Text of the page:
rejected it for reasons of cost
and compatibility difficulties,
especially south of White Oak.

Also, please be careful in the
use of the word corridor.
In the context of Montgomery
County planning-speak, there is
but one corridor, and that's the I-270 Corridor.
I realize that in transport-speak,
U.S. 29 can be called a corridor,
but please be aware of the the
different uses of the word.

> Keep in mind that by 1981,
> there were already a lot
> of apartments in Briggs
> Chaney and White Oak
> (the development to be
> serviced by transit) and
> since then there's been a
> lot more development along
> Route 29 that could've
> generated even more trips.

The 1981 Plan's "concept
of transit servicability" was
not just aimed at
residents of those
garden apartment complexes
along Castle Boulevard and
Stewart Lane and the
high-rise complex at Md. 650
(New Hampshire Avenue) and
Lockwood Drive (and yes, many
were there by the time that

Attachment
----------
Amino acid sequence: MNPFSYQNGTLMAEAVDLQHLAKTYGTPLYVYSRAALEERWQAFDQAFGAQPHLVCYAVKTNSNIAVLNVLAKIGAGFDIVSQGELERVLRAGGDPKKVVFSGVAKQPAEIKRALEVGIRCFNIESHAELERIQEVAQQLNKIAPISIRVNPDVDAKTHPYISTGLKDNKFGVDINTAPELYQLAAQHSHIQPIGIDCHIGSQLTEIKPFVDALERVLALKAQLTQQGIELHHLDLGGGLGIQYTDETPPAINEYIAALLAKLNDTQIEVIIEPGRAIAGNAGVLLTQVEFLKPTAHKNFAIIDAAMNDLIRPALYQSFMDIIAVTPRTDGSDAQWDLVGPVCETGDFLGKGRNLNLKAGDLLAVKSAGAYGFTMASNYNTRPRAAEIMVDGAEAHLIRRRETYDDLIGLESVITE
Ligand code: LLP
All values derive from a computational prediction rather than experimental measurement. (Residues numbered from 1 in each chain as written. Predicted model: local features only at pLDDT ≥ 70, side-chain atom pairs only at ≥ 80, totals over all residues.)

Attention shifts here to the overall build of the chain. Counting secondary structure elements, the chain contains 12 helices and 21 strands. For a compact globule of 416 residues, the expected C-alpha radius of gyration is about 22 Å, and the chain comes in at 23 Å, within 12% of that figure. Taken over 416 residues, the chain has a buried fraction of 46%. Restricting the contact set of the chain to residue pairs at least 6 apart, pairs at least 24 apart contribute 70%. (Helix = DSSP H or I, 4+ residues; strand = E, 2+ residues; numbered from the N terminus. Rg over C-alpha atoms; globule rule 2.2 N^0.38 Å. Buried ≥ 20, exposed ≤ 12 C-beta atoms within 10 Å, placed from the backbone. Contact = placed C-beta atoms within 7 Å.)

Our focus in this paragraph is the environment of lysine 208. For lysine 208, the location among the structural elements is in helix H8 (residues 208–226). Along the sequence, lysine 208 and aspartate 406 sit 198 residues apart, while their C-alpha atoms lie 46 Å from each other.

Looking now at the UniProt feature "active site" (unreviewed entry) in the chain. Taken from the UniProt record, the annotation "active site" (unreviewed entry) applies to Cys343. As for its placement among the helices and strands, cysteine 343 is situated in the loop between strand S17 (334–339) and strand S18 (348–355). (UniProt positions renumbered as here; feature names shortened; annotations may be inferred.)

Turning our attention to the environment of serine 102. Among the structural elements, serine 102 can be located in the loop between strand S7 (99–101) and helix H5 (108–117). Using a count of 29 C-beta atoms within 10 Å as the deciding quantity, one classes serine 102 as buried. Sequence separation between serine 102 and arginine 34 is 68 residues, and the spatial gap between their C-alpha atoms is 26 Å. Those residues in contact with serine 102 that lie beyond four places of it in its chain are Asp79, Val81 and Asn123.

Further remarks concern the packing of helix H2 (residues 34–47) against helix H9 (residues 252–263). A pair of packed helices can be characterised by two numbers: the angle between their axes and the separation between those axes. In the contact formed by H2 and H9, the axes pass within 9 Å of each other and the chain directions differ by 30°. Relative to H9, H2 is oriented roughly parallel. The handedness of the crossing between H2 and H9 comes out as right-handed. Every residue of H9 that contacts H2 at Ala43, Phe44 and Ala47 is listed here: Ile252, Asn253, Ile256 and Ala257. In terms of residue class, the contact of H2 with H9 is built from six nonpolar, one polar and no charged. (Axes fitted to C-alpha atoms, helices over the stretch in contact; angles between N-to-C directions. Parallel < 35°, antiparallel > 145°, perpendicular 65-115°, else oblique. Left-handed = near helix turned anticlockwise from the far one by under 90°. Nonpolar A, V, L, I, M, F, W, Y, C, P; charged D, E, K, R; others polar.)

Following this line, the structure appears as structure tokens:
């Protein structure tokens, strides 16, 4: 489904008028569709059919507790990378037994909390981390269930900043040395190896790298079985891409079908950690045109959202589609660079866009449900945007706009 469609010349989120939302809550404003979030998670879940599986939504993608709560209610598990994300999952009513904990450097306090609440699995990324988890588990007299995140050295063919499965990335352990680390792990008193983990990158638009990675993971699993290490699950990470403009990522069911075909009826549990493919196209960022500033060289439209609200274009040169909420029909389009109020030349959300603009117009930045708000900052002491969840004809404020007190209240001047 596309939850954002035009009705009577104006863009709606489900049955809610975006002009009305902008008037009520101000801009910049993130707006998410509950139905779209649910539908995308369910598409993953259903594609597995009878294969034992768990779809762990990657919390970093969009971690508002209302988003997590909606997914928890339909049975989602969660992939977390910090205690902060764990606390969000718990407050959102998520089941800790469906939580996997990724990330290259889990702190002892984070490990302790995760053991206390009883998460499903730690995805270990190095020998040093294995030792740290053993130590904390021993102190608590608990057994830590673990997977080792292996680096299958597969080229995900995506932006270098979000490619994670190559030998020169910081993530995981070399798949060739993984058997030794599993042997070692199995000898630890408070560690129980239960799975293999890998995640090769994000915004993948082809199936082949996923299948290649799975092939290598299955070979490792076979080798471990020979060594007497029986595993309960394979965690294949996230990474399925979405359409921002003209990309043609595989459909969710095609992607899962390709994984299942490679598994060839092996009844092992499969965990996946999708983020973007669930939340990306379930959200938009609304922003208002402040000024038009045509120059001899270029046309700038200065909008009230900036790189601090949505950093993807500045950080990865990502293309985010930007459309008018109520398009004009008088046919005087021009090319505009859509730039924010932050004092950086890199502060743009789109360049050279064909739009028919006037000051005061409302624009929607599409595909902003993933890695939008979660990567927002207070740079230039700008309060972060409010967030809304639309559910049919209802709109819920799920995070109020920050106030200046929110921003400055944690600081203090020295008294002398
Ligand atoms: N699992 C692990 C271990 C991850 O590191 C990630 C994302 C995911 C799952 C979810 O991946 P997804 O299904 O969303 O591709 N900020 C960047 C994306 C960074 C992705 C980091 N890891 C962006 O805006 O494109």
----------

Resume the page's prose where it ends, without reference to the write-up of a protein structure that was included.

the 1981 Plan was approved by
the County Council and
M-NCP&PC). Transit
servicability was an effort
to force many residents
of the East County to take
transit, regardless of the type
of home they were residing in.

But it failed.

Dan Reed said...

C.P.,

You're right. We can't force people to ride transit, but we can make it more convenient, so it becomes a legitimate choice for people who could do otherwise. I wasn't there in 1981 - or in 1997, for that matter, but I think the forces in East County are such that rapid transit could be built and well-used, though there are probably quite a few people in this community who would fight it tooth and nail, citing what happened way back when/

Thomas Hardman said...

Sometimes it's very easy to fall into the mindset that the powers-that-be want to force everyone onto transit because it gives them even more control over people's lives.

Look at it one way, and the reason people don't want to ride Metro is because that means they have exactly one route to travel. And anytime you have only one way to get from one place to another, someone will attempt to control it.

Whether it amounts to a troll under the bridge demanding ransom from Billygoat Gruff, or creditors patting down debtors for valuables, or criminals picking a chokepoint to lie in wait, being limited to only one route is inherently dangerous.